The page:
Association for Computers and the Humanities
July 23-26, 2019
The Roman de la Rose Digital Library (RDL) (https://dlmm.library.jhu.edu/en/romandelarose/) serves as a resource for the study of the most popular secular work of the European Middle Ages by providing access to 146 digitized manuscripts in IIIF format and with additional datasets describing the manuscripts in the corpus. I have been working with RDL data to create an interactive visualization platform for exploring codicological and location information. This next phase of the project employs computational image analysis to explore the digitized images themselves in conjunction with and in comparison to the codicological data provided by the RDL. Applying new methods to this corpus will open new avenues of research for medieval studies scholars interested in the history of the book, illustration transmission, and more.
I will use Imageplot software (http://lab.softwarestudies.com/p/imageplot.html) to explore issues of image saturation and brightness. Such calculations will be put in comparison with the codicological dataset provided by the RDL. One would expect manuscripts with a higher median brightness to reflect manuscripts with larger borders and/or to have few to no illustrations, for example. Finding evidence to challenge or support codicological analysis will further research understandings of this well-studied corpus.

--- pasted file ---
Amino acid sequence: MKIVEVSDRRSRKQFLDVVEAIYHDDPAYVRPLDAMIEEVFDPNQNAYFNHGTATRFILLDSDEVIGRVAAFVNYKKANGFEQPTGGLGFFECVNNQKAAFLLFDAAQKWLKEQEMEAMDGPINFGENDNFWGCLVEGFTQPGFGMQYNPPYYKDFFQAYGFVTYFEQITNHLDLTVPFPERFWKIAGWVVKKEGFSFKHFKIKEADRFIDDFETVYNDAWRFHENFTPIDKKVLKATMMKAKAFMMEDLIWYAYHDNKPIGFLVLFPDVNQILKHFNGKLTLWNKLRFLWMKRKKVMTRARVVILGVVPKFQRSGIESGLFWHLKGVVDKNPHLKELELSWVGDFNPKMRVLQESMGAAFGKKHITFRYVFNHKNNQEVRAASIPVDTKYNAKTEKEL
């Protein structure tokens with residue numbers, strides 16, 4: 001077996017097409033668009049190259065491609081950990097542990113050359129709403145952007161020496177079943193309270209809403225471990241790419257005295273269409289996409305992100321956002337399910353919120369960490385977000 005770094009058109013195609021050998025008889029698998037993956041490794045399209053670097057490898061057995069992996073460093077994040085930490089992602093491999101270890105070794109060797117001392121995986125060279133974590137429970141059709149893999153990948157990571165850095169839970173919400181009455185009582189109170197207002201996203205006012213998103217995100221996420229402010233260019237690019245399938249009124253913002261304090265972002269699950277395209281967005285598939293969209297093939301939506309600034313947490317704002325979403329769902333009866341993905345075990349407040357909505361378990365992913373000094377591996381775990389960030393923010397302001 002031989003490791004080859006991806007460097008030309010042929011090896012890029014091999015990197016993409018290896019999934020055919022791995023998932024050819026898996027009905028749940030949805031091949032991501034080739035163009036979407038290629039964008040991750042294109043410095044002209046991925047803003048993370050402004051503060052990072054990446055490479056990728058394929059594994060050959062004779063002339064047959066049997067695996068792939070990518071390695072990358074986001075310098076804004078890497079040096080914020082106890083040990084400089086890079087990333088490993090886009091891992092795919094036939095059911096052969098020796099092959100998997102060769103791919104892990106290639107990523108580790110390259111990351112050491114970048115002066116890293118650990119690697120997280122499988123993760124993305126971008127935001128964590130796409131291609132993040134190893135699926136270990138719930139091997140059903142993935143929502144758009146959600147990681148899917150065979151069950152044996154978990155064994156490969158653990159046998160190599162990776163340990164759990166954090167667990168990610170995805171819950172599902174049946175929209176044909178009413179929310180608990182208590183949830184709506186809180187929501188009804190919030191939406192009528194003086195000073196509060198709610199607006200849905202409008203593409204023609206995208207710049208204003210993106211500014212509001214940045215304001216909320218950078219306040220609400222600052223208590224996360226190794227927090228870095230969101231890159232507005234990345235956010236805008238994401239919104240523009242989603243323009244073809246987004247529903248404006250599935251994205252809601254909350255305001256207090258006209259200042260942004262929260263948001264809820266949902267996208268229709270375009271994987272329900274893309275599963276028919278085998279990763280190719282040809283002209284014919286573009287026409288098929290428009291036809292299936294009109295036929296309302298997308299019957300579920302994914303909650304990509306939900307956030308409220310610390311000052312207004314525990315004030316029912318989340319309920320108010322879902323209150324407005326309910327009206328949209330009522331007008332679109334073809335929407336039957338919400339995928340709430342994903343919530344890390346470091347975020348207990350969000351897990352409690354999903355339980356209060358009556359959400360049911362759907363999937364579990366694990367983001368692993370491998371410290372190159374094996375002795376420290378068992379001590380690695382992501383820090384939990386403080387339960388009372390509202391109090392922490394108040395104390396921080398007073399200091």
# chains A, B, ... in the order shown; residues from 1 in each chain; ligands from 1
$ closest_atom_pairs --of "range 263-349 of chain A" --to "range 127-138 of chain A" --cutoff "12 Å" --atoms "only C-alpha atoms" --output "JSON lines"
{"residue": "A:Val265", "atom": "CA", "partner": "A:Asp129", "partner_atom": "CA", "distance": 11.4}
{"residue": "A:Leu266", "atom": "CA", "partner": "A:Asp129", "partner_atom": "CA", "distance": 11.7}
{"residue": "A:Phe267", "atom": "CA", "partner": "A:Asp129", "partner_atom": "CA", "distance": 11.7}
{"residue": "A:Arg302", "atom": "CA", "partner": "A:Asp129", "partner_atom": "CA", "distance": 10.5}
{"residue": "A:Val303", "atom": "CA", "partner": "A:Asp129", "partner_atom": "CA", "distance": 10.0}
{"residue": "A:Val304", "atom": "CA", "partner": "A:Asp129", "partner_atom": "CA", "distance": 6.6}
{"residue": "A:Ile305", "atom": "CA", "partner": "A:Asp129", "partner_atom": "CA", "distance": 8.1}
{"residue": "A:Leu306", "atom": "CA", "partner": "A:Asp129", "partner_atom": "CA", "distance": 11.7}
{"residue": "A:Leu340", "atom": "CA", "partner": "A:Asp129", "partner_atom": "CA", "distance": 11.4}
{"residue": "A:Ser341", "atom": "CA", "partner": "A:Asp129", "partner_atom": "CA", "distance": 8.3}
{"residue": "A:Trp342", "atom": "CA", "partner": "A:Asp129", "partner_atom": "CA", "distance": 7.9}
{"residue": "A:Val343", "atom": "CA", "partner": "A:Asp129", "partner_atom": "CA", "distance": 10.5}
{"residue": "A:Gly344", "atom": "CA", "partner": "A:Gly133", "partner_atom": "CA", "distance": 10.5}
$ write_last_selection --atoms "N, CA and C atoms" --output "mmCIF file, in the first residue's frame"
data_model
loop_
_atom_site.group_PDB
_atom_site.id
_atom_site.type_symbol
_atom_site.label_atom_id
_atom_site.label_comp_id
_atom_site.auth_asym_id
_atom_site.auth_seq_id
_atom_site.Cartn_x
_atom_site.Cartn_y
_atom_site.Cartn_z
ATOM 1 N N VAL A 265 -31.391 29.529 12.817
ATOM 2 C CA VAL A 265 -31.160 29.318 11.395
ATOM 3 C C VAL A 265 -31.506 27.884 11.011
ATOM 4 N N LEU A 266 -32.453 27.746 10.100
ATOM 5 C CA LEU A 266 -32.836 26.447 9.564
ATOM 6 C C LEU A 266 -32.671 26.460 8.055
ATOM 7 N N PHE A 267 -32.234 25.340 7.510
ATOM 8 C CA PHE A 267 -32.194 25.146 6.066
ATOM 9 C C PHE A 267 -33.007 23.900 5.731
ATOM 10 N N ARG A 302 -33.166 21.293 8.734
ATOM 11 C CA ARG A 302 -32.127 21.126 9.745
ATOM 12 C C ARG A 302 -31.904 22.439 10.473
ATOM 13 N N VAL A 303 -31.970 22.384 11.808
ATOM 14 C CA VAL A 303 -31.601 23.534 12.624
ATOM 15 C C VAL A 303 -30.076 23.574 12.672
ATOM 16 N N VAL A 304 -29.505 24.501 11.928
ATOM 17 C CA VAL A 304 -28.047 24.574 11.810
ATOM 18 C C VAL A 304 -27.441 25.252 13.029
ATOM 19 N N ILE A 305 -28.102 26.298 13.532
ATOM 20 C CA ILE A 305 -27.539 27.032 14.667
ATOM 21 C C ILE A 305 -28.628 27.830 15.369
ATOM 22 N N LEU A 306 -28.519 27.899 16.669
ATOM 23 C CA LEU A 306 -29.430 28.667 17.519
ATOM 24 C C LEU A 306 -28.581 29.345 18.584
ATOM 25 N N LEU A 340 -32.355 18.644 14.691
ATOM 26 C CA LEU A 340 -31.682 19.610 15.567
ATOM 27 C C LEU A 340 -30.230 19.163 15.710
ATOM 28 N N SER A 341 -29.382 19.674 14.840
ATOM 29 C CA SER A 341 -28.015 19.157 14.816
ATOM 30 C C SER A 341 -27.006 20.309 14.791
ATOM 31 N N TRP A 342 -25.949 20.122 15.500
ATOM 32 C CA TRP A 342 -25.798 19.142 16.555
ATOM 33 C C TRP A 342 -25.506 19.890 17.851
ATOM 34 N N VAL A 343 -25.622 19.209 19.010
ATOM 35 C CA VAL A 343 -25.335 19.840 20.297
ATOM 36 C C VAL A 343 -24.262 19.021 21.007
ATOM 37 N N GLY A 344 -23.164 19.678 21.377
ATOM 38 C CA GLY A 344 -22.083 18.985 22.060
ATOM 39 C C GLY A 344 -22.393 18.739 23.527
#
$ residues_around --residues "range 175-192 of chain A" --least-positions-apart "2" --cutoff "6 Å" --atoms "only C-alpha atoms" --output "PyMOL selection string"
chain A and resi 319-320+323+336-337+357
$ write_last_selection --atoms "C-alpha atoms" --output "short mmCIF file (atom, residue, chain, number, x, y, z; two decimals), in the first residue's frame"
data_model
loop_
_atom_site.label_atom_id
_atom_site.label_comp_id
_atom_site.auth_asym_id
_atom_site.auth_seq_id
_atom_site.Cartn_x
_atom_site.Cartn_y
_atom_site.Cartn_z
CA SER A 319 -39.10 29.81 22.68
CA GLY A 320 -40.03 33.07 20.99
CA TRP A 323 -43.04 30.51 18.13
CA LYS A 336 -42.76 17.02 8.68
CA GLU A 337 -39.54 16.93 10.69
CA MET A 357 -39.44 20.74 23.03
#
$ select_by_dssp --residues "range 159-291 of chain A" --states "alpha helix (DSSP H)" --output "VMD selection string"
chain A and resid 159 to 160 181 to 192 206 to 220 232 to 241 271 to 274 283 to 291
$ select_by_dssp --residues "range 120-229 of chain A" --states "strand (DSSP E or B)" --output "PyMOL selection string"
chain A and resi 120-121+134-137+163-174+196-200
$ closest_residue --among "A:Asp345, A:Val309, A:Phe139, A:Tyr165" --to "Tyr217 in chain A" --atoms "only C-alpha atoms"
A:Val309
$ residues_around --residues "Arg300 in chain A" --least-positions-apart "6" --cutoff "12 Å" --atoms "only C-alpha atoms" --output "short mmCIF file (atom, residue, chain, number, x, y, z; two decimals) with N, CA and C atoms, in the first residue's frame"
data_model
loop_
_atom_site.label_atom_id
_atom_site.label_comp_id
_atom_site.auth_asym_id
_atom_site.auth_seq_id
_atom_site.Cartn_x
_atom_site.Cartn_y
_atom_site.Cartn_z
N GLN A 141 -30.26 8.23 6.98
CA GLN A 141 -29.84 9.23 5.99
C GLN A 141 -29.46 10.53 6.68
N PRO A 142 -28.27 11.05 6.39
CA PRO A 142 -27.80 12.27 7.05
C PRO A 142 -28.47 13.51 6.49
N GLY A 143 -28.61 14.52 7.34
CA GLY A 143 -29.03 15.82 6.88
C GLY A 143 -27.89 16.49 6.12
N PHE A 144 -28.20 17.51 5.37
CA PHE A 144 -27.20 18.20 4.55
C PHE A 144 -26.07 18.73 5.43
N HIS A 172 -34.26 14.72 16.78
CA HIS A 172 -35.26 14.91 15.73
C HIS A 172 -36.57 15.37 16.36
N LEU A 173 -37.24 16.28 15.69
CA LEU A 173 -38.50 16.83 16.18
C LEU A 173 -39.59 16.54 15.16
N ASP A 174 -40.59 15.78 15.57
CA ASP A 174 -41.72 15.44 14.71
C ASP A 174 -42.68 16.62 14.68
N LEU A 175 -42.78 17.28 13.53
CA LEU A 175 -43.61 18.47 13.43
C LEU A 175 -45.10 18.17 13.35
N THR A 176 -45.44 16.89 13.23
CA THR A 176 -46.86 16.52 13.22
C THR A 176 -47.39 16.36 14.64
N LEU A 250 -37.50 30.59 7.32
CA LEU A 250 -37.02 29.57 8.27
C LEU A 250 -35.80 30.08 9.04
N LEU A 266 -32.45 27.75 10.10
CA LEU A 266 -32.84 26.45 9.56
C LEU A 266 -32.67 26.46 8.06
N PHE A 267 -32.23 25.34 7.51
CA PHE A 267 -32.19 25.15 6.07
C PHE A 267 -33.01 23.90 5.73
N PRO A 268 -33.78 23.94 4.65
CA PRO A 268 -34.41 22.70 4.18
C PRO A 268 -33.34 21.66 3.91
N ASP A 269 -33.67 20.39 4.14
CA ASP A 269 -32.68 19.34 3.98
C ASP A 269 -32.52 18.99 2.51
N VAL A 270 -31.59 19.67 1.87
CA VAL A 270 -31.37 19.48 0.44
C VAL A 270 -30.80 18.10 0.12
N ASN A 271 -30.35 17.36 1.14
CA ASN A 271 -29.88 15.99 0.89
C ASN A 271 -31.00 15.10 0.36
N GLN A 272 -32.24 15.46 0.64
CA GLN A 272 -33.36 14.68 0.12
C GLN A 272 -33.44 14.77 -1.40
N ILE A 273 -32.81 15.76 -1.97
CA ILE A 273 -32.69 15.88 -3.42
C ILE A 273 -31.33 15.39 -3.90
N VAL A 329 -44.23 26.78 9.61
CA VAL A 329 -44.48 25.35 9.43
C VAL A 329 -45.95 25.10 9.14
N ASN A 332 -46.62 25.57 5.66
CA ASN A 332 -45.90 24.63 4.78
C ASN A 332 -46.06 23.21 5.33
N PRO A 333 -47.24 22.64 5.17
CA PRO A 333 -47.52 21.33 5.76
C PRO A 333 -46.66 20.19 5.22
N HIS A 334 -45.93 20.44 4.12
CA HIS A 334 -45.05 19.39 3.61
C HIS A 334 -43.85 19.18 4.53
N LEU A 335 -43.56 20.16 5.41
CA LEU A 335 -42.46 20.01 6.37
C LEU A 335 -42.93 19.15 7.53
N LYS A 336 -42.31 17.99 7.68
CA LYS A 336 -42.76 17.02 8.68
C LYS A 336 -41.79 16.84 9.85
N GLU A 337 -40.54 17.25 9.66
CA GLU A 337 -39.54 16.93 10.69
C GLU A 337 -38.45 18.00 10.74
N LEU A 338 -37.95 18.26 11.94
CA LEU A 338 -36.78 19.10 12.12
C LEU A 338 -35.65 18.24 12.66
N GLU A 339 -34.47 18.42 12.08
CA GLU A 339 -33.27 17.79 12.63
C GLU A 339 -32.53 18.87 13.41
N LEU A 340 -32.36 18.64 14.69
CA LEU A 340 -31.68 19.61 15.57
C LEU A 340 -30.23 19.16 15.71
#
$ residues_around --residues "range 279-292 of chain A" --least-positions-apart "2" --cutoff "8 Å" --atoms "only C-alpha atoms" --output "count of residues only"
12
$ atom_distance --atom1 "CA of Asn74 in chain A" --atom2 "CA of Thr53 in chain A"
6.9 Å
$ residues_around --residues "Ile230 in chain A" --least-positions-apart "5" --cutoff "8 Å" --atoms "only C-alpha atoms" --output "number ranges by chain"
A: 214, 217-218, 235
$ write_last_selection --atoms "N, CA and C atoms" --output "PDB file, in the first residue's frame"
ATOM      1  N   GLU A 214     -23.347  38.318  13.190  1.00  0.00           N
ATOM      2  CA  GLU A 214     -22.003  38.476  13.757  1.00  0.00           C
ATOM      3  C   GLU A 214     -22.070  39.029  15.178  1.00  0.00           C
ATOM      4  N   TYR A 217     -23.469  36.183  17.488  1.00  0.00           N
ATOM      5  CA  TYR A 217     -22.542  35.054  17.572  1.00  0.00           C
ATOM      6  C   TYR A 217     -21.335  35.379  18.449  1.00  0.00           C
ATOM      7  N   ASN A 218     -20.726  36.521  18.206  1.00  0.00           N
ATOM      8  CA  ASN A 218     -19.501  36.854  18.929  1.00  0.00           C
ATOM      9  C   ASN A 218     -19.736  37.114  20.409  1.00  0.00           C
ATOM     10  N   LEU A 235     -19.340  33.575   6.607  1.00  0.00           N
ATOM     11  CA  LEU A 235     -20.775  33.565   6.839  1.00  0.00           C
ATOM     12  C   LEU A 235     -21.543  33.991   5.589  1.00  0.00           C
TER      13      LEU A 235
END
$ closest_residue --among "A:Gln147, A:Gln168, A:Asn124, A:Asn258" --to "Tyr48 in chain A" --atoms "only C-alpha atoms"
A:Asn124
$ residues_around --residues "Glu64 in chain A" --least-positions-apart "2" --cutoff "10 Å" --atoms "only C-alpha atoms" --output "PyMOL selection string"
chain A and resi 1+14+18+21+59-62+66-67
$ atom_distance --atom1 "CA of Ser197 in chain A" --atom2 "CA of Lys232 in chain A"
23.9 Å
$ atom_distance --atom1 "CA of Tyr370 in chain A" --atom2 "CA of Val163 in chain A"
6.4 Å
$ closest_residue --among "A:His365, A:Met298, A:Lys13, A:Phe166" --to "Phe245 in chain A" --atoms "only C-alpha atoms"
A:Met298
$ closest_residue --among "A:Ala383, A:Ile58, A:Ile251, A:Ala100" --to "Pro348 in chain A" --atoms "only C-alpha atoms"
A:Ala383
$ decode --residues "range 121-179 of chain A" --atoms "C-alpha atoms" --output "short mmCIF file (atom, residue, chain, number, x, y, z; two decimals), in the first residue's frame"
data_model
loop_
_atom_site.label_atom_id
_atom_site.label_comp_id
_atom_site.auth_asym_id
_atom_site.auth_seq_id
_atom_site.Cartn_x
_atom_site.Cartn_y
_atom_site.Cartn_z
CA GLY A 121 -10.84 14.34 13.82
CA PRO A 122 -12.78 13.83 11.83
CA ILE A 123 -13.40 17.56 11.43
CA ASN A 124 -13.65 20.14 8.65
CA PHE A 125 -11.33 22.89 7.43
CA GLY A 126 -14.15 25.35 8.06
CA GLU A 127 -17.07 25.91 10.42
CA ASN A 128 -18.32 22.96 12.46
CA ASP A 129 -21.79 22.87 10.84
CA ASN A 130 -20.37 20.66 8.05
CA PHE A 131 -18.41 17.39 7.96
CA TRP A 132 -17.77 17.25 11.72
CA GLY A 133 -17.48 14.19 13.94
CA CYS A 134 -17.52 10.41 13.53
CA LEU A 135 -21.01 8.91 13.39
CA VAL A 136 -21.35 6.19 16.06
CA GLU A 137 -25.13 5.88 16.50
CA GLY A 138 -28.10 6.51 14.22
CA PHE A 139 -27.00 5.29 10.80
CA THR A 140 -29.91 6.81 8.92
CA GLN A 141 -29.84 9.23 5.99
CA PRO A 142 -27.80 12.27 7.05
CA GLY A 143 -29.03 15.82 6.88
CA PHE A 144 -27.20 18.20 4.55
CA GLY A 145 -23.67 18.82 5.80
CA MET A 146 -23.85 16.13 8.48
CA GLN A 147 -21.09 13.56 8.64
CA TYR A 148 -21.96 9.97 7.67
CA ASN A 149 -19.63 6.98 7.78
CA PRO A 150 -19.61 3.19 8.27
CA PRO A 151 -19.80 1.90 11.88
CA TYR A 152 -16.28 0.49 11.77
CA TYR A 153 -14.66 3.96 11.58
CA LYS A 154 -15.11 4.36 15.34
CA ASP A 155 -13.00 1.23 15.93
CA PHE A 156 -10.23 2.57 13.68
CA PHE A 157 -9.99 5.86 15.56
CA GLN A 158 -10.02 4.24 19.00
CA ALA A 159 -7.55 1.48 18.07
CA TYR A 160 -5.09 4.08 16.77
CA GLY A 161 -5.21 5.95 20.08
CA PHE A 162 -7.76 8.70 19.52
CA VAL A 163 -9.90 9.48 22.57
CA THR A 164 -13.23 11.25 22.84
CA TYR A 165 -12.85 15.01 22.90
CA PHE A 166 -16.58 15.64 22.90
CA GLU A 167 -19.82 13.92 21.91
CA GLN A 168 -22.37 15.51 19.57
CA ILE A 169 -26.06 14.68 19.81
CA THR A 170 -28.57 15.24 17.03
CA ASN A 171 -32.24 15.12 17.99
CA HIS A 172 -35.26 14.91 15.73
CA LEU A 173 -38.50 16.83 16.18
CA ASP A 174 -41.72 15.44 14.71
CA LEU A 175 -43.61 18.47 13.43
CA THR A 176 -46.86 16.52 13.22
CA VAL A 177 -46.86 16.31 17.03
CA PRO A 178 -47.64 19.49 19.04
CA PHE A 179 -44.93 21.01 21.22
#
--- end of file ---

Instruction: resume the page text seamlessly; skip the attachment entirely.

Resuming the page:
The Distant Viewing Toolkit (https://www.distantviewing.org/) (DVT) will allow analysis of facial and object detection across the digitized manuscripts in the corpus that have at least one illustration. The RDL has datasets of Illustration Titles and Narrative Sections, providing insight into characters and their frequency across the many variations of the corpus. Bringing the RDL datasets into comparison with algorithmic analysis of characters may reveal new understandings of the consistency of figures in illustrations.
On the whole, this work seeks to bring a robust dataset of digitized manuscript images into contact with multiple image analysis approaches to test their use in medieval manuscript analysis. I hope to spark new conversations among medieval studies scholars, historians of the book, art historians, and scholars interested in computer vision and computational image analysis.